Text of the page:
Final Thoughts 01


Note: This is not a review, but merely my musings after having recently completed a game as part of my Rogue's Adventures playthrough of my backlog. Follow @RoguesAdventure to keep up with my playthroughs.

Also Note: This was originally written (and game was completed) in November 2012.


Developer: Double Fine Productions

Release Date: April 19, 2005

Psychonauts was the first video game created by Tim Schafer's studio Double Fine after he left Lucasarts in 2000. It was released to critical acclaim thanks to witty dialogue and creative level design, but sold below expectations.

Primarily a platformer, Psychonauts tells the story of Razputin, a runaway from the circus, that joins up with a Psychic Summer Camp designed to teach budding young psychics how to properly use their powerful abilities. The game has a level up system called Psi Rank though it lacks any skill trees or attributes. The first couple ranks Raz learns lots of new abilities to defeat foes or solve puzzles, such as Pyrokinesis, Telekinesis, and Levitation, while later levels offer upgrades like a chain attack for his Psi Blast. Raz can also collect some items both in the real world and in the psychic levels in order to solve puzzles, teleport back to Headquarters, and remove obstacles.

I had become a big fan of Double Fine and their games in the last year after playing Costume Quest, Brutal Legend, and Iron Brigade. All their games had a wonderfully unique and well incorporated theme, funny dialogue, and solid game play. The company actually shifted focus after their second game, Brutal Legend, took several years and a large budget only to disappoint in sales, and primarily worked on smaller titles that could be released on Xbox Arcade or Mobile devices.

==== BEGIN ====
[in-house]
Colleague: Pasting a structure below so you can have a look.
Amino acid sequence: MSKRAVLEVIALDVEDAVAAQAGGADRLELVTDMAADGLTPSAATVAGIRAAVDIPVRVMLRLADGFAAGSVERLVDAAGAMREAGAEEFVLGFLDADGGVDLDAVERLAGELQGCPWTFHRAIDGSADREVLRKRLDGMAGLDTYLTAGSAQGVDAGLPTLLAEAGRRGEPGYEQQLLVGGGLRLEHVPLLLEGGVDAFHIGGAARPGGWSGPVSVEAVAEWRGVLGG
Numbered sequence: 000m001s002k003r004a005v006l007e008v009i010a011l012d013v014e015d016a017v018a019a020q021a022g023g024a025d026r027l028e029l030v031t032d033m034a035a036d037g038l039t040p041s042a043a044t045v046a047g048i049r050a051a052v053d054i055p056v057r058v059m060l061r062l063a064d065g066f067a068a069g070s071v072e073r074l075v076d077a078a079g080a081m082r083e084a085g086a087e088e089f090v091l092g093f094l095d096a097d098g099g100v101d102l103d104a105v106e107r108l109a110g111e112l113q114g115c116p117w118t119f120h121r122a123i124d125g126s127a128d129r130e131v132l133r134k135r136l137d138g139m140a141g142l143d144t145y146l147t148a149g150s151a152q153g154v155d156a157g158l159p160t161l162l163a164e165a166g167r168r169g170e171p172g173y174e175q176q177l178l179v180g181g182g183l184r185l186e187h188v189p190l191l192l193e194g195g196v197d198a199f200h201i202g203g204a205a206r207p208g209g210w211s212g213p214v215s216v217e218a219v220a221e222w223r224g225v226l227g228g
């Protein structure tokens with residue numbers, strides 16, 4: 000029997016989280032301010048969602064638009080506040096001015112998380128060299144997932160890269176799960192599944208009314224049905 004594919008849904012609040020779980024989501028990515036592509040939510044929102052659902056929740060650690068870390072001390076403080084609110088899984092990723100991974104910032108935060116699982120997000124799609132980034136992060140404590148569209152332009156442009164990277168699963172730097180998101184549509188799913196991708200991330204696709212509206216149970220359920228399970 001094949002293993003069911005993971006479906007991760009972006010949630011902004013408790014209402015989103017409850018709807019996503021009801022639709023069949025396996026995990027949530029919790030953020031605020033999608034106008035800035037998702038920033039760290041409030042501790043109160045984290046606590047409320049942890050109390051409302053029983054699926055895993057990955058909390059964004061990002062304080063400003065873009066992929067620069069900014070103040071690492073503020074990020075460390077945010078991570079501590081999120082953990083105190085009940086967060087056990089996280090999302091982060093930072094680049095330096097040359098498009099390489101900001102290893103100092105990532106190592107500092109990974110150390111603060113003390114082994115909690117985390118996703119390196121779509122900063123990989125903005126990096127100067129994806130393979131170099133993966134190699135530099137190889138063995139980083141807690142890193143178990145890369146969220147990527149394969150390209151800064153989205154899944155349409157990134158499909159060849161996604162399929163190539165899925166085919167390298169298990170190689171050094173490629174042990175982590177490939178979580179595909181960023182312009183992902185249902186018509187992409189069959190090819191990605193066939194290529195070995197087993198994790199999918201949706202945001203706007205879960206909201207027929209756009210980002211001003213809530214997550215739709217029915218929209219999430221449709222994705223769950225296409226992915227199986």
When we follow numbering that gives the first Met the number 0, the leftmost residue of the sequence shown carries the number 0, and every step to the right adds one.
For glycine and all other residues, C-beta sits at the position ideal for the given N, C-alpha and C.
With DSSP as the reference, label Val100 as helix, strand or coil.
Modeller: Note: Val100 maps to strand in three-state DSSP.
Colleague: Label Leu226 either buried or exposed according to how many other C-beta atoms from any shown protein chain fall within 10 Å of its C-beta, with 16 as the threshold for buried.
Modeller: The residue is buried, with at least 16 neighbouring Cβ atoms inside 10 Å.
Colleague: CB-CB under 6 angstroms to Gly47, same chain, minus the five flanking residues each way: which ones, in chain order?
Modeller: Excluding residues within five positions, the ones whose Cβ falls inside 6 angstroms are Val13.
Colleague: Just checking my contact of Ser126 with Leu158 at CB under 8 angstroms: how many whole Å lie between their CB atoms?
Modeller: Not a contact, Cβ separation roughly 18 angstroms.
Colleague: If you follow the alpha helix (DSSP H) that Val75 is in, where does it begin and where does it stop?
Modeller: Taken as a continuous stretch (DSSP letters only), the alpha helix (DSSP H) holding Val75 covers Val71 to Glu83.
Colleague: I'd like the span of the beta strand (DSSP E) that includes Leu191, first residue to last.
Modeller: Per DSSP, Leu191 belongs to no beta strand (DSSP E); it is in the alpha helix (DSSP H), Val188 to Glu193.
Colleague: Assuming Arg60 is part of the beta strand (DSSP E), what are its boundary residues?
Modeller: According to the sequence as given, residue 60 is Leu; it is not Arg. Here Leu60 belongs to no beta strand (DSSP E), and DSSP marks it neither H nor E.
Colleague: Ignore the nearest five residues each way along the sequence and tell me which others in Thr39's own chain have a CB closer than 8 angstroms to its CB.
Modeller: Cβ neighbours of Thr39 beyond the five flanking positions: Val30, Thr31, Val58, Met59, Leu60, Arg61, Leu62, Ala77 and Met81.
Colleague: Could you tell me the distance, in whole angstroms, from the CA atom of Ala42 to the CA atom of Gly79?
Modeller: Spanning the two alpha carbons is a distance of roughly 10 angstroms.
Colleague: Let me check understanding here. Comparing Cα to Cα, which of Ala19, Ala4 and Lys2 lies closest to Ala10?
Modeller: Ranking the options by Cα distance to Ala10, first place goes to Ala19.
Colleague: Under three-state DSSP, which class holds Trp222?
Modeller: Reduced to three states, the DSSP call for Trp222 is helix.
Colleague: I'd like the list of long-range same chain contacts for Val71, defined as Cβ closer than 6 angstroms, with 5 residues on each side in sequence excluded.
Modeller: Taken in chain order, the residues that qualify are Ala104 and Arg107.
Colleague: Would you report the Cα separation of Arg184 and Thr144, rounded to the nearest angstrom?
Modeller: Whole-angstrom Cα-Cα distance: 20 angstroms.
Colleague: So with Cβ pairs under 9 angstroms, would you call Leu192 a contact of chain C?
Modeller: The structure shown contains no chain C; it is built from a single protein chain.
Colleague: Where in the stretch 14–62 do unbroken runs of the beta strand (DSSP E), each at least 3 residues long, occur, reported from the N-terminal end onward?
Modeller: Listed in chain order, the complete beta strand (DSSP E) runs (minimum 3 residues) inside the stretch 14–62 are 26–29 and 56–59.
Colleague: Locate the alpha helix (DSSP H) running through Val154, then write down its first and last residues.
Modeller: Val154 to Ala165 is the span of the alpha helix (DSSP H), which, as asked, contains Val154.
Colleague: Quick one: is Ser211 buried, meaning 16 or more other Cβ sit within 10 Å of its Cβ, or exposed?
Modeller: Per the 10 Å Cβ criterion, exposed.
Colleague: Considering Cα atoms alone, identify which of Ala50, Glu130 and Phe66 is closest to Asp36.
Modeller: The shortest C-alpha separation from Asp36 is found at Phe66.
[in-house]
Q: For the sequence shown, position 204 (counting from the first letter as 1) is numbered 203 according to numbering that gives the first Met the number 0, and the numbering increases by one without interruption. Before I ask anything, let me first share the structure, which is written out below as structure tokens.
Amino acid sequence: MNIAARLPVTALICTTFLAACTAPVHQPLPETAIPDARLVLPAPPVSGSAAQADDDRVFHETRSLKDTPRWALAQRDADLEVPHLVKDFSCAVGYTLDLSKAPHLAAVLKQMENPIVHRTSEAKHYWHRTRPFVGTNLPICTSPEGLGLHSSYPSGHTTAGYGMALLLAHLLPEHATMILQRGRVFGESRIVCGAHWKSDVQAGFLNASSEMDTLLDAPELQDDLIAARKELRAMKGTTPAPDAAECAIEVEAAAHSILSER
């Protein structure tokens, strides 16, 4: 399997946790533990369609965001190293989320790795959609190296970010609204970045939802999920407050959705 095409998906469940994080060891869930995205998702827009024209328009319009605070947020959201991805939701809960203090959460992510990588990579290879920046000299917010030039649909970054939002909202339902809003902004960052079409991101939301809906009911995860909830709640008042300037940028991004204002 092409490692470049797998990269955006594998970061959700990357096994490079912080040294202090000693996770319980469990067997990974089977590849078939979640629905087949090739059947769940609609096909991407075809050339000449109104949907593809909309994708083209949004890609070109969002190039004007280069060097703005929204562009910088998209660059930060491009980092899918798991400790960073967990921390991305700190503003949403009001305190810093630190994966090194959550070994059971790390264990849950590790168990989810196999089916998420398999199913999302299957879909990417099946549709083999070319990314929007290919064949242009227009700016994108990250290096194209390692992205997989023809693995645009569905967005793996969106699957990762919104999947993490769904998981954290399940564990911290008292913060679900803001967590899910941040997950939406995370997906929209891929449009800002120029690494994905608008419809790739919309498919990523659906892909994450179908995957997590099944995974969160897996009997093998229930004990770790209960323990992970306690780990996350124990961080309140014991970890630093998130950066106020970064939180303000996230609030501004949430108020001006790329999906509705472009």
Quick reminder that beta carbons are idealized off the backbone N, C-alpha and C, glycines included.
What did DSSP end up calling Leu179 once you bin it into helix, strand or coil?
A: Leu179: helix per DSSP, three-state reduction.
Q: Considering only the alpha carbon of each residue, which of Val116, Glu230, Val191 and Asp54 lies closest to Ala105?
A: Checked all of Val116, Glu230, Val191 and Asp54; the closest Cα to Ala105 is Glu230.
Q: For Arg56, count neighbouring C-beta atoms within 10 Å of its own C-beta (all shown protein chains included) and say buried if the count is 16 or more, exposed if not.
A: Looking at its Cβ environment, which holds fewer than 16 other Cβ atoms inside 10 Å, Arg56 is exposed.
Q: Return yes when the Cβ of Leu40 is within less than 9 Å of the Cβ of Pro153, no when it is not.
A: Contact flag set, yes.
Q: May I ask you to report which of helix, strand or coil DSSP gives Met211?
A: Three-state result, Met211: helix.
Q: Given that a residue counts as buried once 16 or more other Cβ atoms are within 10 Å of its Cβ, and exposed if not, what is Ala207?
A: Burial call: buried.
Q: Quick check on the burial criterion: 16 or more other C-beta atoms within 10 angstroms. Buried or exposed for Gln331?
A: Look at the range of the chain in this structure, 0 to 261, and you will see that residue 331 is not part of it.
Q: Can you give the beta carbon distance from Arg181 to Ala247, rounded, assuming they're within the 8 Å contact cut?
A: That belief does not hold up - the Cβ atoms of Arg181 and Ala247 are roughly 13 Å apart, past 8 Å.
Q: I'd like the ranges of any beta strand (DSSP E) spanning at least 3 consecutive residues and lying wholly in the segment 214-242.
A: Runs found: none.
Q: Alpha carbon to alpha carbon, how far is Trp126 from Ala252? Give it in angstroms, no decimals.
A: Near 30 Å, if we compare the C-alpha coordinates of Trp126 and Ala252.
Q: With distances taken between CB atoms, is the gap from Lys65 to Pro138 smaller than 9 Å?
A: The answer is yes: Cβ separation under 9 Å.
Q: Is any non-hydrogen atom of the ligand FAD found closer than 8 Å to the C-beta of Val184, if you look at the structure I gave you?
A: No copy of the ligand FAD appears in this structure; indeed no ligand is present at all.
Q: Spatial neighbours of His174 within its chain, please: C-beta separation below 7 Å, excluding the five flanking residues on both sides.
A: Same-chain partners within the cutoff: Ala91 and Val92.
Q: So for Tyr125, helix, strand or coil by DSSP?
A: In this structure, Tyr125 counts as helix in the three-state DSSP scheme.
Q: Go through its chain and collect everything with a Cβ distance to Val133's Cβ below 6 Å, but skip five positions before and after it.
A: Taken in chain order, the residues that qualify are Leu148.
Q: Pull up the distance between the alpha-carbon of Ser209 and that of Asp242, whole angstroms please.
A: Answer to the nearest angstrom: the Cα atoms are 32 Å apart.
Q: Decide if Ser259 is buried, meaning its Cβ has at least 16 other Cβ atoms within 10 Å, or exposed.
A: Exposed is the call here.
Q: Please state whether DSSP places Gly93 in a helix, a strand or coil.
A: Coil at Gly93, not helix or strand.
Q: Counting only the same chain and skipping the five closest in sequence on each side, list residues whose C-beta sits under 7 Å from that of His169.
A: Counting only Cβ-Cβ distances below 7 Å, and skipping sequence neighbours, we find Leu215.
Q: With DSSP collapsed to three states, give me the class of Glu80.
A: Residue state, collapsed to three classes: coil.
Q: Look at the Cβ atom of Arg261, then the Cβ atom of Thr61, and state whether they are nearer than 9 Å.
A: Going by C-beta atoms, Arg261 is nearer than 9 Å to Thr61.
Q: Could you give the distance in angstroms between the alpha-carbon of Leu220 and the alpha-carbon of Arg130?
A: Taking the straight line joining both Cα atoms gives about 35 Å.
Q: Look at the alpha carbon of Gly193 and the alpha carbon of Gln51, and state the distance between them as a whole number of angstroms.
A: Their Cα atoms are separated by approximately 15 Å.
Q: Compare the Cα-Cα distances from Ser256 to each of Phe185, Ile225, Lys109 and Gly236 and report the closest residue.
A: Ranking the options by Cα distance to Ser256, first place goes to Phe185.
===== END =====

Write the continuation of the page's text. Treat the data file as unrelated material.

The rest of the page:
I was especially excited to try Psychonauts, as not only was it their first game as a new company, but is very well regarded amongst gamers, earning cult classic status from many who have played it. It comes in at #79 on G4's Top 100 Games o f All Time List.

The game has a unique mix of platforming, action, and adventure that I don't think I've ever experienced before. The concept of entering people's minds, and having their psyche's manifested through the level design and creatures you fight and people you meet was clever and fun and allowed for a huge variation in art and design. Unfortunately many of the enemies you face are the same Censors which are hilarious little lawyer guys that run at you with rubber stamps. Each mind level has maybe one or two unique levels, and all of them end in a boss fight. The levels range from being a giant monster smashing a city to uncovering a murder mystery in a twisting suburb to moving giant pieces around a strategy board game. Some levels were much more fun than others, but all of them utilized their subject's dreams, fears, and childhood traumas to great effect.

The summer camp proved an adequate place to explore for the myriad of collectibles the game through at you. Psi Cards could be collected and turned in for additional Psi Rank, a Scavenger Hunt side quest  also rewarded extra ranks on completion, and lots of little hidden scenes between campers could be uncovered. Within the minds of others you could collect Figments, of which were floating around in abundance (to give you an idea of how many, 100 figments = 1 psi rank), sort the subjects Emotional Baggage by joining the literal crying luggage with the correct tag, and remove the Mental Cobwebs (which you could then turn in for...wait for it....psi rank)